Books I Read This Week 2020 – 12

Here are my goodreads reviews. If you’re on goodreads, add me as a friend so I can see your books too! I also have an instagram account where I join my love of reading with my love of art.

The Two Lives of Lydia Bird (3 stars): There’s something about Josie Silver’s characters and writing that doesn’t fully resonate with me. I felt the same way with her previous book. But also, just like the previous one, I loved the poignancy of the ending, what she says about relationships, and the lessons her characters learn/grow into by the end. I love the endings of her books. And this one was no exception. If you liked the previous one, I am confident you will like this one, too.

The Silent Treatment (5 stars): “Because that is what love is, isn’t it? Giving without receiving. Of course, there is always the hope of receiving. Tiny, precious, fragile. You can be batted away a thousand times and still it will be there, too.”

Oh my. I read this book in one sitting and it broke my heart to a million pieces. By the end, I was sobbing. I don’t want to give too much away of the plot. This is basically a story about marriage and parenting. The way I felt about this story was the way I felt as I was reading Normal People. It’s a book I loved unequivocally and a book that I can’t see is not for everyone. There are also deeply sad and triggering subjects in the book.

‘“I like that.” Your voice is barely above a whisper. “The little things that no one sees that could make the biggest change of all.”’

This book is about how relationships are hard and communication is hard, and about the little (or big) secrets to keep from each other. Sometimes to spare the other person’s feelings. But so many times to ensure that the way they feel about us (and the way they see us) doesn’t change. So many times it’s out of fear. Out of love. Out of loneliness. Out of feeling alone and as if we are the only one. It’s about how relationships can go awry and how secrets breed other secrets and how shame loves secrecy.

“If you put shame in a Petri dish, it needs three things to grow exponentially: secrecy, silence and judgment. If you put the same amount of shame in a Petri dish and douse it with empathy, it can’t survive,” says Dr. Brene Brown And this book is exactly about that. The secrecy, silence and worry around judgement. And the impact of that on a marriage.

“it’s that try as we might, there would always be some part of Eleanor that resided in the wilds outside our reach.”

It’s also about parenthood. About how hard it is. About how little control we have over who our kids turn out to be, about what happens to them, about our ability to parent them. This book is deeply about the impact a kid can have on his/her parents and on their marriage.

“He is coming to realize that there is a lot about Maggie that he never fully understood, a row of blanks in the crossword of their life together that are still empty.”

The writing in this story is really beautiful. Touching, poignant, heartbreaking, flowing and it grabs you and doesn’t let you go until the end. Much like “Normal People” it’s about how broken we all are, and how when you put two broken people together and have them love each other fiercely, they can still manage to break each other in the process. We are all flawed and we don’t always know how to do the right things.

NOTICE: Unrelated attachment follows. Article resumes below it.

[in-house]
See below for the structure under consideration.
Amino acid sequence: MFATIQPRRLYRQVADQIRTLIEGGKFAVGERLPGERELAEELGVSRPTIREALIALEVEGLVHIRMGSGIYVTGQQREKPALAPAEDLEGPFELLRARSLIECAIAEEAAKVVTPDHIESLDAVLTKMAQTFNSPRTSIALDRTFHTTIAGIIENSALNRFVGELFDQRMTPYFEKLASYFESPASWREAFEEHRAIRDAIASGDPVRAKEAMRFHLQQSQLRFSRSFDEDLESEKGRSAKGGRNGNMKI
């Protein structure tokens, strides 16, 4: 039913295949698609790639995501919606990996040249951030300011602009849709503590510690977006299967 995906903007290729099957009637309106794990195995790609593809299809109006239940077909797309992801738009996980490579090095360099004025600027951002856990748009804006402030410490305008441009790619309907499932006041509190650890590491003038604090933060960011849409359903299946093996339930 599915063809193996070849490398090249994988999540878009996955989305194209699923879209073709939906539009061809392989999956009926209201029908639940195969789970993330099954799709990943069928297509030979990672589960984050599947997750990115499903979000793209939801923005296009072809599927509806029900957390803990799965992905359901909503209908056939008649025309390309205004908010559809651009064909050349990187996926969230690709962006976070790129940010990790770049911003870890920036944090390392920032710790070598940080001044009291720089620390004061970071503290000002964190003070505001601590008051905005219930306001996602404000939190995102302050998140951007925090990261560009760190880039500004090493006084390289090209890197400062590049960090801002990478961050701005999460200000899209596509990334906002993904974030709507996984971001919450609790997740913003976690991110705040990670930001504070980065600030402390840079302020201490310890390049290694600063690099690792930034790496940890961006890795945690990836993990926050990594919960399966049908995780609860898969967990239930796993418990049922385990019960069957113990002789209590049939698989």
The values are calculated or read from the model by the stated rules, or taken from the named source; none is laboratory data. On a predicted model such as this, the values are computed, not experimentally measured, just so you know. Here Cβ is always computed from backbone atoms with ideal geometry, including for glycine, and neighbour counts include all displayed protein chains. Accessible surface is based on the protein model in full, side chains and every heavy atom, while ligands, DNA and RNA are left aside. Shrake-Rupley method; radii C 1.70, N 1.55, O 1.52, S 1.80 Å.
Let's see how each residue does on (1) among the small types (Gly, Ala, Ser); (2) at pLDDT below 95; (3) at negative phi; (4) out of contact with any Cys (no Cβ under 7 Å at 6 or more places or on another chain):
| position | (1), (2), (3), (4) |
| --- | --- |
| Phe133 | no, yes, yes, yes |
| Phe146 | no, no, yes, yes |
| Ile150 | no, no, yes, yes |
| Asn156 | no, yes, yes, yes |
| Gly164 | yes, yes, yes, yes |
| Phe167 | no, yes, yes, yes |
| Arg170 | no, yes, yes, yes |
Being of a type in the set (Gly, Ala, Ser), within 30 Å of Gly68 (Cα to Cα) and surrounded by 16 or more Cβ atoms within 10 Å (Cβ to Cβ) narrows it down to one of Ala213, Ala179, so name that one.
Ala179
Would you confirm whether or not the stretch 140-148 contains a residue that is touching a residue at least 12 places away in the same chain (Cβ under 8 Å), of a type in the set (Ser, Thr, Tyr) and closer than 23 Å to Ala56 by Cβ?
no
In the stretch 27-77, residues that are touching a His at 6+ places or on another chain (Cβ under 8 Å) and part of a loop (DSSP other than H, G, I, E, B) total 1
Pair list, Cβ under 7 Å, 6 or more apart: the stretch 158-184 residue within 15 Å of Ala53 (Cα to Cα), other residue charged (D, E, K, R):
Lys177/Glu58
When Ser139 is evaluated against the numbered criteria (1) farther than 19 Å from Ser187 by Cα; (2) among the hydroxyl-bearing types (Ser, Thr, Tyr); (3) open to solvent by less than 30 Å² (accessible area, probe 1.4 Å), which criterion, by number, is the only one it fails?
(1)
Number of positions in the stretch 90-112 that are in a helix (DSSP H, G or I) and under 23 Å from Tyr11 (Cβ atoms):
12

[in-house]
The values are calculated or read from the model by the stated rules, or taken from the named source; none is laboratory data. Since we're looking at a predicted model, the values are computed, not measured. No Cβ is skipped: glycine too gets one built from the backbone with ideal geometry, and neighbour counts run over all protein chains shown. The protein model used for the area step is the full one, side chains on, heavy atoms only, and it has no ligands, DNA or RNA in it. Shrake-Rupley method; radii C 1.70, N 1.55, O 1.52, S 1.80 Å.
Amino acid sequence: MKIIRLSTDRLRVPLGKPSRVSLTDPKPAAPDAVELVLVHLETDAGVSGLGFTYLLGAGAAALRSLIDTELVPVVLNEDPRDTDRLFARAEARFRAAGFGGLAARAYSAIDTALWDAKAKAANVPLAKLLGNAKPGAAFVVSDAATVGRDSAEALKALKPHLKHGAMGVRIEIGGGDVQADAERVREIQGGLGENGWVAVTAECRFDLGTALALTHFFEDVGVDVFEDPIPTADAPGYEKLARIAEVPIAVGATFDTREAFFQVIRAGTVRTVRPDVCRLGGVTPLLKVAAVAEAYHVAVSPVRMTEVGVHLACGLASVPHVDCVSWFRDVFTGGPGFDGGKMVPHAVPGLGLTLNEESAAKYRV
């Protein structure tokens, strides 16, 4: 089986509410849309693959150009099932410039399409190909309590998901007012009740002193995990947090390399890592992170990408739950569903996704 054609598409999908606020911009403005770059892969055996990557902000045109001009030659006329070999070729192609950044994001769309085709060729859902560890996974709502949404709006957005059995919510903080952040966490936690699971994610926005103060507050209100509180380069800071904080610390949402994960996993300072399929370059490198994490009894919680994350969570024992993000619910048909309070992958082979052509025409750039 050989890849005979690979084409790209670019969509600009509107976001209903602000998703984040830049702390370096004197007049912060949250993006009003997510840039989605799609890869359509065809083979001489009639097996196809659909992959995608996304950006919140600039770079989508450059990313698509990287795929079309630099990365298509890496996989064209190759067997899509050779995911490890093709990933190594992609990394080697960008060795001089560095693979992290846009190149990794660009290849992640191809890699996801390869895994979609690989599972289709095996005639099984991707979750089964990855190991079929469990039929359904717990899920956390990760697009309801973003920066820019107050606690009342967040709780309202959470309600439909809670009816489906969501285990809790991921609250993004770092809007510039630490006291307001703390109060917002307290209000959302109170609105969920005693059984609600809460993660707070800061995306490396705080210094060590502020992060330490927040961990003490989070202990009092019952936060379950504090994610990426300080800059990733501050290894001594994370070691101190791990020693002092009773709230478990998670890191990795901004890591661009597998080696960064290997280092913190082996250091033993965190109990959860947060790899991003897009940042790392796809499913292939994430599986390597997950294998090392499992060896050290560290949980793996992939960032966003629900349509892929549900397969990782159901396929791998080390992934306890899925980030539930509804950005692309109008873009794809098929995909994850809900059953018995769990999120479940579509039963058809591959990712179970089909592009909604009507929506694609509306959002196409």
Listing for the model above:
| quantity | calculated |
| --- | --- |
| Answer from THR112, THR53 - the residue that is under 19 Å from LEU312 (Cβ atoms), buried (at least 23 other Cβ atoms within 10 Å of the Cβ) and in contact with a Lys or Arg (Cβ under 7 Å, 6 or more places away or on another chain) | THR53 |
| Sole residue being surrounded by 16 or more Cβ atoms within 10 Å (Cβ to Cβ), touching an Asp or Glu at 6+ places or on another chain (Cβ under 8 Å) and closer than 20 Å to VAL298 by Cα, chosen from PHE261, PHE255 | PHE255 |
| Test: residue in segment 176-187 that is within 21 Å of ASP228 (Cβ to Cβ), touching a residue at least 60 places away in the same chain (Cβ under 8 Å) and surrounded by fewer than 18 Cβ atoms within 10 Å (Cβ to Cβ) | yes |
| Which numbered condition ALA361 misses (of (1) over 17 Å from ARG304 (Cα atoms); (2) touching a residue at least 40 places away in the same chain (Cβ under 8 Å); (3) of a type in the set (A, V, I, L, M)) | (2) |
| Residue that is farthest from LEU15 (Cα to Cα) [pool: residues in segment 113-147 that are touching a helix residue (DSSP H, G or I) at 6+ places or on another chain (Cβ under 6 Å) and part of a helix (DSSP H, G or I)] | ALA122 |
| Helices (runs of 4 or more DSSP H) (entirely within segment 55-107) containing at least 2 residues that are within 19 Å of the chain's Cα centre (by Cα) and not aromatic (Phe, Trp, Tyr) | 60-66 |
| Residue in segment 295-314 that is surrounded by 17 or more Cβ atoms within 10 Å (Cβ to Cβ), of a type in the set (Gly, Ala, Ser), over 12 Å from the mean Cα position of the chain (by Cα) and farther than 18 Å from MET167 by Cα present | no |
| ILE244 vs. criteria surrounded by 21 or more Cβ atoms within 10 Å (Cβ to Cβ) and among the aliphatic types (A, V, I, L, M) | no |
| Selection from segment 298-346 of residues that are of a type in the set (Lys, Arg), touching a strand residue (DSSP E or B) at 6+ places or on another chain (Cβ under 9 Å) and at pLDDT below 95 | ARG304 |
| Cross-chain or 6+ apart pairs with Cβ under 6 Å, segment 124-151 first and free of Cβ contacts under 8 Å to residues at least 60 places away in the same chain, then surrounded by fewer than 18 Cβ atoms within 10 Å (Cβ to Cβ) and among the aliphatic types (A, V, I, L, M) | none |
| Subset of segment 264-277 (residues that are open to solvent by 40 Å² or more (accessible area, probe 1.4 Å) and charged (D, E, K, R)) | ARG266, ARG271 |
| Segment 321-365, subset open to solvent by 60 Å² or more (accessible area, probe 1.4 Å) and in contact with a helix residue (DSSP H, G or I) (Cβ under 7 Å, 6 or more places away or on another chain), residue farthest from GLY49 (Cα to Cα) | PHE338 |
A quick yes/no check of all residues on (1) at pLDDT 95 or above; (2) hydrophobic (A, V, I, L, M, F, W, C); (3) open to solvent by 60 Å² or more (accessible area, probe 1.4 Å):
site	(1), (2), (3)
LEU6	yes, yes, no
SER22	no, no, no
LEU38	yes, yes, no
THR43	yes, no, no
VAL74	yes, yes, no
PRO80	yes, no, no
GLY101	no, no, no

“Frank, of all people, knows how it feels to be isolated by a secret.”

I loved every bit of this story and may I never get to experience many of the sorrows in the book and may i learn to ask for help, for forgiveness and may i have the courage to douse my shame with empathy when I invariably make mistakes.

Thank you to netgalley and HarperCollins Publishers for an advanced copy in exchange for an honest review.

Untamed (5 stars): Glennon has a way with words. She can articulate all of the things I’m feeling in just the right way and make me feel less alone and more understood in three pages than anyone ever has. She shares her life’s journey and choices and learnings and lessons with such humor and grace and authenticity that I am ever so grateful for writers like her. Anyone who can make me feel less alone in the world is a gift.

In Five Years (3.5 stars): I enjoyed this book a lot more than I thought I was going to. I was worried it would be sappy once I started it and saw where it was going, but it wasn’t melodramatic and had a lot of sweet real moments. It wasn’t perfect and some moments felt sappy. I thought it was going to be more like Sliding Doors than it was but still glad I read it.

And there we go, a little bit of reading.

Books I Read this Week 2020 is a year-long project for 2019. You can read more about my projects for 2020 here. I am also tracking my books in real time on Good Reads here. If you’re on Good Reads add me so I can follow you, too! I’ve also started an instagram account where I join my love of reading with my love of art.

Leave a Reply

You can use these HTML tags

<a href="" title=""> <abbr title=""> <acronym title=""> <b> <blockquote cite=""> <cite> <code> <del datetime=""> <em> <i> <q cite=""> <s> <strike> <strong>




This site uses Akismet to reduce spam. Learn how your comment data is processed.